To argue with Tom's statistics a bit, why does he cite 2000-2004? Part of that period was a recession. It's not surprising that health insurance, a relatively acyclical business, would do well during a recession relative to other businesses whose demand is more cyclical. And did health insurance profits rise fast because they were becoming very high, or because they were previously low, or both? And what is the measure of profits-- absolute dollar profits, or profits as a share of... well, say, of market value? Of course when a business is subject to political risk, as the health insurance industry has been lately, that will tend to suppress its market value and make its profits look higher in those terms. And what happened after 2004? I don't think Tom's statistics allow us to draw any conclusion about whether the level of profits in the health insurance industry is appropriate or not.

Tom keeps harping on denial of care for pre-existing conditions. But to provide insurance that covers a pre-existing condition is like selling fire insurance for a house that's already on fire. You need to have insurance before the condition develops. If you don't, you're liable for the costs of treatment. I think there's room for a good deal of improvement in insurance design so that the NPV of lifetime compensation occurs at the time a malady is revealed; and insurance design would improve if the market weren't distorted by employer-based health care plans. But denials of care for pre-existing conditions isn't some bug of the health insurance system. The solution is to get insurance before the condition develops.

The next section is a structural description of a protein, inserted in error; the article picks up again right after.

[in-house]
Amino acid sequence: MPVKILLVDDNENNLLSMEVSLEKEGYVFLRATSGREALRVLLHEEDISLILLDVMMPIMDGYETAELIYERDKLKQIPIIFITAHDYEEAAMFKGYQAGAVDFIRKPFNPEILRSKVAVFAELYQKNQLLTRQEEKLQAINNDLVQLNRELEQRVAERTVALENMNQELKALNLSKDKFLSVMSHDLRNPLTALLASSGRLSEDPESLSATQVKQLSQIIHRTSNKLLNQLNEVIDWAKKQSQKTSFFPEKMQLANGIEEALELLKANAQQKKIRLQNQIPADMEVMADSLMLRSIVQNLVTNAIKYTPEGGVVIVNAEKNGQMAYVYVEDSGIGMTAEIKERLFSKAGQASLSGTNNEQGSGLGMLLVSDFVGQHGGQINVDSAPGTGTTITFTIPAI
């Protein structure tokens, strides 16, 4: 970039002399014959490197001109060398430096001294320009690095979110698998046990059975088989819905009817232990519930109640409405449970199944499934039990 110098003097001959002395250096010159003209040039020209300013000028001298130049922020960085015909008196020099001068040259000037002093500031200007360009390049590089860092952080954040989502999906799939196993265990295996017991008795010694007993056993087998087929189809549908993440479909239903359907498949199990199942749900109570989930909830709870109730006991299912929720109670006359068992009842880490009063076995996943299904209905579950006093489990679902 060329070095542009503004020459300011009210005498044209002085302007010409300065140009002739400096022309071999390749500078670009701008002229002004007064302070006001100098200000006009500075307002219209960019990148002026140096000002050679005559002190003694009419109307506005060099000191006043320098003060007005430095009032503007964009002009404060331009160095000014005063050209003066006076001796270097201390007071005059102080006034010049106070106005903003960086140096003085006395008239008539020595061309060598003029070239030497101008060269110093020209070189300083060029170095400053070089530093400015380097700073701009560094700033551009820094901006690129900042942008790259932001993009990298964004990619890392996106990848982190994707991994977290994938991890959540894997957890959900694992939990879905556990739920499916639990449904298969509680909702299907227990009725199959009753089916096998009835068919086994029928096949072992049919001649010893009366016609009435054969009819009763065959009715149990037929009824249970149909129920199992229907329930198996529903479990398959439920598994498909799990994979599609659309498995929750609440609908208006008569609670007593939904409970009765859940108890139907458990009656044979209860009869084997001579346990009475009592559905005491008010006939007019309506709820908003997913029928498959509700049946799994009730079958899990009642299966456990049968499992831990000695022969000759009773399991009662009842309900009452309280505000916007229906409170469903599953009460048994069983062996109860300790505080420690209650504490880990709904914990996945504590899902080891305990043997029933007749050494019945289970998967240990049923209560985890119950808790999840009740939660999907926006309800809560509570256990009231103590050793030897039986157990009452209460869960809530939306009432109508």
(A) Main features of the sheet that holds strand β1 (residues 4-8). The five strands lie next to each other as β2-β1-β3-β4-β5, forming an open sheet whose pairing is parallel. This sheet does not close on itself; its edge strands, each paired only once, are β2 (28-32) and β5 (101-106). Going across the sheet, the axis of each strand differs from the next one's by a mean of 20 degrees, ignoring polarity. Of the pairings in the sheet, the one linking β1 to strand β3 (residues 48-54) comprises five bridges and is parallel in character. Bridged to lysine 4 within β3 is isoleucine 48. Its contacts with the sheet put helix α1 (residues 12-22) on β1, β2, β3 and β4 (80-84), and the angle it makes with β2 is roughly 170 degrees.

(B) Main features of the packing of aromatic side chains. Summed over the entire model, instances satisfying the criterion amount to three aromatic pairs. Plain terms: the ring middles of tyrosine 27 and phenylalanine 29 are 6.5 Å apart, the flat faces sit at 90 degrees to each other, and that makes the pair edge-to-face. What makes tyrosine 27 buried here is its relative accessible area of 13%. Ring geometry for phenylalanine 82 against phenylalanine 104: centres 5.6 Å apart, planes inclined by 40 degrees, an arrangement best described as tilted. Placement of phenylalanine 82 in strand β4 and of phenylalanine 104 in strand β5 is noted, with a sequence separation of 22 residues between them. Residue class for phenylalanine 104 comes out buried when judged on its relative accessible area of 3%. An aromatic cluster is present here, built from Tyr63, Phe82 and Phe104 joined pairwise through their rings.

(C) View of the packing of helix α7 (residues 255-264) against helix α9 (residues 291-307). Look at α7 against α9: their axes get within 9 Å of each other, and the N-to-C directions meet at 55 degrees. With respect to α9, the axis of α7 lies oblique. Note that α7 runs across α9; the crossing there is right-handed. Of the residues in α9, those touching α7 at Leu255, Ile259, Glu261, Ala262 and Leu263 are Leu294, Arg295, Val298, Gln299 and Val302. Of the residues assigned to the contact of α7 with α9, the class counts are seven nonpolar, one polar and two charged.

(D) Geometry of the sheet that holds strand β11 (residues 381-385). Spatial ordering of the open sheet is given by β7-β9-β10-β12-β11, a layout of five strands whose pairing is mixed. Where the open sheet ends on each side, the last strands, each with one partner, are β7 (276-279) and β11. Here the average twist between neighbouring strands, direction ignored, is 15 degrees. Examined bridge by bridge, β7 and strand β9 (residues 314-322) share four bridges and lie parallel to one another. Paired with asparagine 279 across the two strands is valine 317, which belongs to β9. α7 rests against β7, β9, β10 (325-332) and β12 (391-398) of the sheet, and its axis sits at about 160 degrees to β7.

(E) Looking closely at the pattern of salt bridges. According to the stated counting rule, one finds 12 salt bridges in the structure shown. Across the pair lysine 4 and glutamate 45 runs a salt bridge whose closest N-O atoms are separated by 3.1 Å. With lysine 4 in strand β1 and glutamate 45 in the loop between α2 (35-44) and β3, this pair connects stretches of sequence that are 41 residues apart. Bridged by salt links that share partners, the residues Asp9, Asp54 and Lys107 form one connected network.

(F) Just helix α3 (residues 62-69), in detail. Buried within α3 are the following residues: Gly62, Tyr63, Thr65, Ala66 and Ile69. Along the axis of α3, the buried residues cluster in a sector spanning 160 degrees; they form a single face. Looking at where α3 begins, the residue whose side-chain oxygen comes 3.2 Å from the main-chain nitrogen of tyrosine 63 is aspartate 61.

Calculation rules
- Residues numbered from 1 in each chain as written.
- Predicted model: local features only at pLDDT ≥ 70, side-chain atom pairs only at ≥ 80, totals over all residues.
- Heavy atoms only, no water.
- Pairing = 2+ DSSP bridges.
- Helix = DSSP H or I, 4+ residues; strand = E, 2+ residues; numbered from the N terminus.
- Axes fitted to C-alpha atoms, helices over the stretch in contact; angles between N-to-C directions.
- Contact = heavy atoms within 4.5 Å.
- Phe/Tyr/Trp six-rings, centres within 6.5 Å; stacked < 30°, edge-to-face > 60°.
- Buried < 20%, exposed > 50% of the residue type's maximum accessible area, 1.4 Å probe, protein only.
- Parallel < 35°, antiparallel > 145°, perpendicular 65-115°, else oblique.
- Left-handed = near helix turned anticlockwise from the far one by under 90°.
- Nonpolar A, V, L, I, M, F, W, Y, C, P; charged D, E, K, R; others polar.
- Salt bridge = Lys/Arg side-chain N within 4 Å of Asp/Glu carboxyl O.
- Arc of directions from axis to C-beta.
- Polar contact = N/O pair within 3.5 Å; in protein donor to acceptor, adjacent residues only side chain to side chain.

Nato remarks that "I'm not sure it would be easy to do much worse;" I would add that I'm not sure it would be easy to do much better. Partly the worse/better is undefined. I mean, I'd certainly admit that single-payer with tight rationing has some advantages. It might be more egalitarian and cheaper, at the cost of not providing high-quality care to those who can afford it and not fueling medical innovation (which may be the most important factor of all in the long run). I would recommend some changes. Linking health care to employment is stupid; tax employer health care benefits so that goes away. Too much of health care is already nationalized through Medicare and Medicaid; roll that back. It would be nice to deregulate entry into the medical profession. Above all, we should discourage insulation of health care consumers from costs. Catastrophic health insurance is fine but people should pay out of pocket for treatments under a few thousand dollars. But is 16% of GDP too much to pay for health care, if that's what it takes? No. Or is 16% rather than 6% is too much extra to pay for US "premium medicine" over and above what they have in Canada and France? No, not necessarily. The decentralized decision-making of the market, with people taking into account their own needs, is the best judge. It's not perfect, not even close, but it's the best. Not that we have a free-market health care system now, we don't, but if we did it might not look all that different from what we have.